Basic question on distributed Smart contract. Let us assume , I am writing a smart contract and deploying it in public network.

My Contract Specification
•   My contract would allow anyone to register. 
•   Fund 10 Ether to the contract 
•   Contract will in turn return 12 Ether on Dec 31st 2017

Contract owner by mistake instead of capping it to Dec 31st , he mentioned Jan 31st in the contract.

Scenario :

•   Owner A sits in USA, deploys the contract in public chain 
•   User B from Australia funds 10 ether to the contract on August 31st, 2017
•   User B now expects 12 Ether on Dec 31st but he never receives it .


Even though the contract is distributed among all the nodes, 
1.  How would user B come to know what is written in the contract ( assuming B has zero coding knowledge) ?
2.  If only User B is interested in this contract, who will verify this smart contract 

3 Answers 3


The smart contract once deployed on Ethereum is public and can be viewed. One would have to know what they're signing up for by reviewing the smart contract (There is no other way out).

  • Thank you , Aren't we deploying the Byte code. How one can see the contract ? Can you point me to any contract which are open to everyone
    – sun
    Aug 24, 2017 at 7:25
  • Yes it is deployed as byte code. But on blockchain browser like etherscan.io you can even browse the code. An example is here: etherscan.io/address/… Aug 24, 2017 at 8:15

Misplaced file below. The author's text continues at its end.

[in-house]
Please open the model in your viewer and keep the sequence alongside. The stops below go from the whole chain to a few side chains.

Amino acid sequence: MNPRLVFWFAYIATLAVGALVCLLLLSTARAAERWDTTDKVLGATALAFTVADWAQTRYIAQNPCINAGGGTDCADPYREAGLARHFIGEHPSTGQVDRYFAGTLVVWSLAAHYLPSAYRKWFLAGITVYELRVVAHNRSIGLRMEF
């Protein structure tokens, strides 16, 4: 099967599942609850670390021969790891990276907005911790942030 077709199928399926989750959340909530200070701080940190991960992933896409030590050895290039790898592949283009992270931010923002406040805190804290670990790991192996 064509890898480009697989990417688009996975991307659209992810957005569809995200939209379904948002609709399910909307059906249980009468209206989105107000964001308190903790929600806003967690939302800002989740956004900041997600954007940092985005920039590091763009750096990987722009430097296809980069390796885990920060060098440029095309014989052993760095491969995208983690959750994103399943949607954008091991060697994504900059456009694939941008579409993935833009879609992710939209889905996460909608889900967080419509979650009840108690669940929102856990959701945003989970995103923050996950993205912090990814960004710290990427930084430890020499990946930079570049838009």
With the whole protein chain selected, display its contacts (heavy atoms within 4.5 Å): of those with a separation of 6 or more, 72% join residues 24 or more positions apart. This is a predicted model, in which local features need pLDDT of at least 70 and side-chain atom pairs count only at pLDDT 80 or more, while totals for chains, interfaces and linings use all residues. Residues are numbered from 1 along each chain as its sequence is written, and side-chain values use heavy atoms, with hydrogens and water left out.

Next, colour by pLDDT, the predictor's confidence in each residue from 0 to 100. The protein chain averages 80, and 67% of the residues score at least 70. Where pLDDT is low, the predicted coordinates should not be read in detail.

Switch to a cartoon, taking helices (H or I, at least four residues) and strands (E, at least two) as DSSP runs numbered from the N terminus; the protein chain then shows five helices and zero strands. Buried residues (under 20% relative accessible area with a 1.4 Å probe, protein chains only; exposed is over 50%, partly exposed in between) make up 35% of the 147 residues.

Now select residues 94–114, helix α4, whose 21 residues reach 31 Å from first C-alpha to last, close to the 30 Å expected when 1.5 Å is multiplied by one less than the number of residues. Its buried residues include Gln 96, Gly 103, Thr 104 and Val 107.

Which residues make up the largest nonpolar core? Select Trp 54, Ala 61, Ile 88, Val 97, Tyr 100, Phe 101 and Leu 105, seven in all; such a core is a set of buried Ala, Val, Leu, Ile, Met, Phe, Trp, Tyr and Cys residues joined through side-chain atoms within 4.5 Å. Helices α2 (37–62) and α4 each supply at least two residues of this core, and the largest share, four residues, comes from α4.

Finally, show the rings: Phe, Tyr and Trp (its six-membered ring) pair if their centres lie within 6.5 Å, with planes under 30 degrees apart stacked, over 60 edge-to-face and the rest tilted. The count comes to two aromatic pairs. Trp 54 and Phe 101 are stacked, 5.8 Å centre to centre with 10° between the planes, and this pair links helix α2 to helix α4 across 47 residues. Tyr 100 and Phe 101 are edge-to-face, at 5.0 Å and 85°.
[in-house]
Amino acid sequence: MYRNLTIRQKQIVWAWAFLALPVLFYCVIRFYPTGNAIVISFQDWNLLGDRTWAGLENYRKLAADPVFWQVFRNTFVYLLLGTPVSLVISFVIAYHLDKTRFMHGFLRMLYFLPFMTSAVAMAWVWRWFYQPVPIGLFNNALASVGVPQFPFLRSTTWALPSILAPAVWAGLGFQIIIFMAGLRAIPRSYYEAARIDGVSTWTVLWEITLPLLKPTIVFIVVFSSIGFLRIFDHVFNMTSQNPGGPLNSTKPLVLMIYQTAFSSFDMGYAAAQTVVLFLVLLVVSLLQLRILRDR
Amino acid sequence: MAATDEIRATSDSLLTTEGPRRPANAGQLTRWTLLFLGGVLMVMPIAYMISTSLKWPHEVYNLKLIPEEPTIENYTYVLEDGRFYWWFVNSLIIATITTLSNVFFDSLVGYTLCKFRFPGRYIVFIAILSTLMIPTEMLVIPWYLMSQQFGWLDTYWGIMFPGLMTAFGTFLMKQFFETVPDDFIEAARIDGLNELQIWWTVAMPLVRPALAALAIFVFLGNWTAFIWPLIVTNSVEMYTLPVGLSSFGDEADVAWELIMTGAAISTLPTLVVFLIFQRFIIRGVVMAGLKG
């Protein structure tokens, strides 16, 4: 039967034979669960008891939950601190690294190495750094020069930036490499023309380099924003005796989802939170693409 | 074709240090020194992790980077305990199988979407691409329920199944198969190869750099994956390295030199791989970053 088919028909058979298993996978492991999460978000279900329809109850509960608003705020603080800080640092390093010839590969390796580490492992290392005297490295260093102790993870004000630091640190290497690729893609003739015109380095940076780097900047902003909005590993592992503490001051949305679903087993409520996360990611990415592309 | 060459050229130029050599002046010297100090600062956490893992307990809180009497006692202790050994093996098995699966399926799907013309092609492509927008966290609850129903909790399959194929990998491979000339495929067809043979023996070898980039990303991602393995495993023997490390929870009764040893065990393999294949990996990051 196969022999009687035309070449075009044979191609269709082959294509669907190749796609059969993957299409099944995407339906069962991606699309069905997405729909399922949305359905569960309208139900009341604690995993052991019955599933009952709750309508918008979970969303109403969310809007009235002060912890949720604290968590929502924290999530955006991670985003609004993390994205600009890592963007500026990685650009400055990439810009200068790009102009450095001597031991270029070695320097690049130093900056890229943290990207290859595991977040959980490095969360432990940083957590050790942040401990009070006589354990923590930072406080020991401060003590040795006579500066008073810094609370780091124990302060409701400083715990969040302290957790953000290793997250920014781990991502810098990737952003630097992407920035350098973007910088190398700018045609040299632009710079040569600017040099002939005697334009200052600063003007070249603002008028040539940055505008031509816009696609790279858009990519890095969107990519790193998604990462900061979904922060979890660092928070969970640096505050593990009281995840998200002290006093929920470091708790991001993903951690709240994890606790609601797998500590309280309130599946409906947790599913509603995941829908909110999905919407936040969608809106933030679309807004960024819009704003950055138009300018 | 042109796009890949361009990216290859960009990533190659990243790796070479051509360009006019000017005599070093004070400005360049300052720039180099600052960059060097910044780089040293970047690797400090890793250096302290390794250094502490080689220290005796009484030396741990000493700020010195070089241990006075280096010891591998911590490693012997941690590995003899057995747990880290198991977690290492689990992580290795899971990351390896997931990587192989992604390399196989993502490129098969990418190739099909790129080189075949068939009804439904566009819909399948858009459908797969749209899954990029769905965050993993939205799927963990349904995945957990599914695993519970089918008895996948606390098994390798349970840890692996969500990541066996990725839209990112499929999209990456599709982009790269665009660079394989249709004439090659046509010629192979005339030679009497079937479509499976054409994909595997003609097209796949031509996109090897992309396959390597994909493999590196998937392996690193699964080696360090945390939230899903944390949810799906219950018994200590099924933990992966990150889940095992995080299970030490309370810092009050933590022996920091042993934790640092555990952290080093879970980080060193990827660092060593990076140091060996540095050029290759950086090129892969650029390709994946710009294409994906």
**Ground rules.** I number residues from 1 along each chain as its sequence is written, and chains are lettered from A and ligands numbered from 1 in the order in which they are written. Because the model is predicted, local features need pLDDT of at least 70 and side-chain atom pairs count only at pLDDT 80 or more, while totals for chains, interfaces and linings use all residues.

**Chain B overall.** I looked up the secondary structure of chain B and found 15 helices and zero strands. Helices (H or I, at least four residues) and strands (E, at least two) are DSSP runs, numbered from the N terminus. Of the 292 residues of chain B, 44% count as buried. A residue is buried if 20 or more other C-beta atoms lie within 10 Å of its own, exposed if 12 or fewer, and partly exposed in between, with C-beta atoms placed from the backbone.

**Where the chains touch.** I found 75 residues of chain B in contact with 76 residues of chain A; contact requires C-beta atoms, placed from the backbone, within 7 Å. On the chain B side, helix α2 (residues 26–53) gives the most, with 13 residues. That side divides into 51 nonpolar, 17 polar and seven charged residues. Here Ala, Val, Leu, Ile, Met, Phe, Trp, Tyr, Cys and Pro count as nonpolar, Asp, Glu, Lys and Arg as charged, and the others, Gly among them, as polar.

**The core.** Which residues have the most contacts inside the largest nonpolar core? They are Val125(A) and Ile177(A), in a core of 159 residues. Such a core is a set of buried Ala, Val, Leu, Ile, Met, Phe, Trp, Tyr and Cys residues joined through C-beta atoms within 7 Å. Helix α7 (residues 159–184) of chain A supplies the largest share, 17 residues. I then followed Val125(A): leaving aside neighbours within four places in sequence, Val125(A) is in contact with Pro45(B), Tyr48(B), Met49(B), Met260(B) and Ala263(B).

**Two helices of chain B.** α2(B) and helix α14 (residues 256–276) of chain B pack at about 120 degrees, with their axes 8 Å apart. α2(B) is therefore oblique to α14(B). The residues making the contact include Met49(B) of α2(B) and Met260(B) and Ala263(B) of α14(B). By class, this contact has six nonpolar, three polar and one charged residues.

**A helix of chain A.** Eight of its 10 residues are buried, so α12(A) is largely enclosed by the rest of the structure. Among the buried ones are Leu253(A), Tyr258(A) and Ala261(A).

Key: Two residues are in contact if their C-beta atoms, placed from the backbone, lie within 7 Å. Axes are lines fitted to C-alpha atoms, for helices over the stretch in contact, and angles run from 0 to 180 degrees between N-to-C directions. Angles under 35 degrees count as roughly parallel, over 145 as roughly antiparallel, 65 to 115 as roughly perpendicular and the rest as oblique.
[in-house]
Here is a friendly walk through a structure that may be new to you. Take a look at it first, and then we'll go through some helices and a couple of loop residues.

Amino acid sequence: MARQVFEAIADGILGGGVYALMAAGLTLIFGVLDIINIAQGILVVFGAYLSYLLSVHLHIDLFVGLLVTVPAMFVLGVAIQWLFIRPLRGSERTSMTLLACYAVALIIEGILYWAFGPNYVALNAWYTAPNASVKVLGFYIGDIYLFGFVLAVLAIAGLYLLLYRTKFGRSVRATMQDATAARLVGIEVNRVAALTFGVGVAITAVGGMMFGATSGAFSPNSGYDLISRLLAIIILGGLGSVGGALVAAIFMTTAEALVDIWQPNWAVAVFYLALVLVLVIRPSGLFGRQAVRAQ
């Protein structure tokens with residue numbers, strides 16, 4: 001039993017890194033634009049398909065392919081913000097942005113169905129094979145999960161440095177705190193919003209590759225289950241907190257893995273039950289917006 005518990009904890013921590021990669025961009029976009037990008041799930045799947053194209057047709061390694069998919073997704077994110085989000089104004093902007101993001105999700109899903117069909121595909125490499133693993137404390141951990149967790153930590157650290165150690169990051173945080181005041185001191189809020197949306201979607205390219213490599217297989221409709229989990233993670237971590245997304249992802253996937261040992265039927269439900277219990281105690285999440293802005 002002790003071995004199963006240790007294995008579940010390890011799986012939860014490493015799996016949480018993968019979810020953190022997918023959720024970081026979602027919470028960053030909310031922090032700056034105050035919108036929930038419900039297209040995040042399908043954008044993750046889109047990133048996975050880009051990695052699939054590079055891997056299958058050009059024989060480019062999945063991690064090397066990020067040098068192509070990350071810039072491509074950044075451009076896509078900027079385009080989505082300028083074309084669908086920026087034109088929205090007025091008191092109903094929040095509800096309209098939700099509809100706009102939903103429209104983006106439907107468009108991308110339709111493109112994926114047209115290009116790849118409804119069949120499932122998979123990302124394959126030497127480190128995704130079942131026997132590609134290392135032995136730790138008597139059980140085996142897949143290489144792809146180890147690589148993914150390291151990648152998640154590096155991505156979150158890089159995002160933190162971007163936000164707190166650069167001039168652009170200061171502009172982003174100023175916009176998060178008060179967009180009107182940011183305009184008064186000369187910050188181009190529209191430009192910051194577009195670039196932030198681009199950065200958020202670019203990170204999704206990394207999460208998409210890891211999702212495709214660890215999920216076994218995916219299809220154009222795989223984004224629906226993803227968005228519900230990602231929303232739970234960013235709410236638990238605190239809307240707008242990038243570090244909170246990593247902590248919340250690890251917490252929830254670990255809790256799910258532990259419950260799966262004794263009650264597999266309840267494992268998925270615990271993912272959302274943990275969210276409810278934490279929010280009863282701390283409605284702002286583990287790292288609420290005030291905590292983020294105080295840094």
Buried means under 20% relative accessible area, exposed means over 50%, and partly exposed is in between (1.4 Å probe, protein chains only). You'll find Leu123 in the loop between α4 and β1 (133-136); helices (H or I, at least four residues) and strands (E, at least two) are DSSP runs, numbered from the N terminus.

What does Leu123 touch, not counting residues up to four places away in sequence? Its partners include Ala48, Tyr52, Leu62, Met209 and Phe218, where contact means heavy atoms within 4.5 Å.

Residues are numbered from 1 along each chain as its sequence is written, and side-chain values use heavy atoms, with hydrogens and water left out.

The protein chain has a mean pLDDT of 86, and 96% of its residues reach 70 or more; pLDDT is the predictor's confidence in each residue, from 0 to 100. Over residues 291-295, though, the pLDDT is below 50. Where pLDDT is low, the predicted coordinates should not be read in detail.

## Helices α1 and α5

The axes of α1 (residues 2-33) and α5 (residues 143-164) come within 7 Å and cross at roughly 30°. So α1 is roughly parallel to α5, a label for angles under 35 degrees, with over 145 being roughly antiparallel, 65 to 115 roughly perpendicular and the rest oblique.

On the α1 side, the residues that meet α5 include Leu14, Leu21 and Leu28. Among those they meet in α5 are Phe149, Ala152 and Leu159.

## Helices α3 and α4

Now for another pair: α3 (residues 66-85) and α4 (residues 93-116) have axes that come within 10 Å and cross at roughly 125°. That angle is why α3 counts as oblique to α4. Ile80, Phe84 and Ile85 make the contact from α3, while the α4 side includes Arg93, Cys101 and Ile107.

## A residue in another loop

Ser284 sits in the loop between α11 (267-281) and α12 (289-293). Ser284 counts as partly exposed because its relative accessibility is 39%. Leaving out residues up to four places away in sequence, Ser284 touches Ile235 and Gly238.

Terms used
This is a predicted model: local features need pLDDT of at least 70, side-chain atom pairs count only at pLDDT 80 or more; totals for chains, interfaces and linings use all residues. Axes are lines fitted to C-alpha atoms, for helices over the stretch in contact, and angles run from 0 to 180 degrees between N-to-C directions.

• 1
    The 'source code' is only available if someone publishes it to Etherscan and it verifies. This is optional on the contract publisher's part. I require it from every smart contract I interact with, or I simply don't interact with that contract. Aug 25, 2017 at 15:54

If I'm user B I'd request to user A the source code of the contract, and all the instructions required to verify the bytecode generated matches the source code. If I know nothing about smart contracts I should request help from someone with knowledge of them.

As it happens in real life, if you want to sign a contract you make someone you trust review them. It obviously depends on the contract, for a more serious contract you might want to a professional, for a more simple contract you can ask in the internet.


You can verify and the publish the code on etherscan.io . After that then anyone who goes to that contract address will know what the code is.

Your Answer

By clicking “Post Your Answer”, you agree to our terms of service and acknowledge you have read our privacy policy.

Not the answer you're looking for? Browse other questions tagged or ask your own question.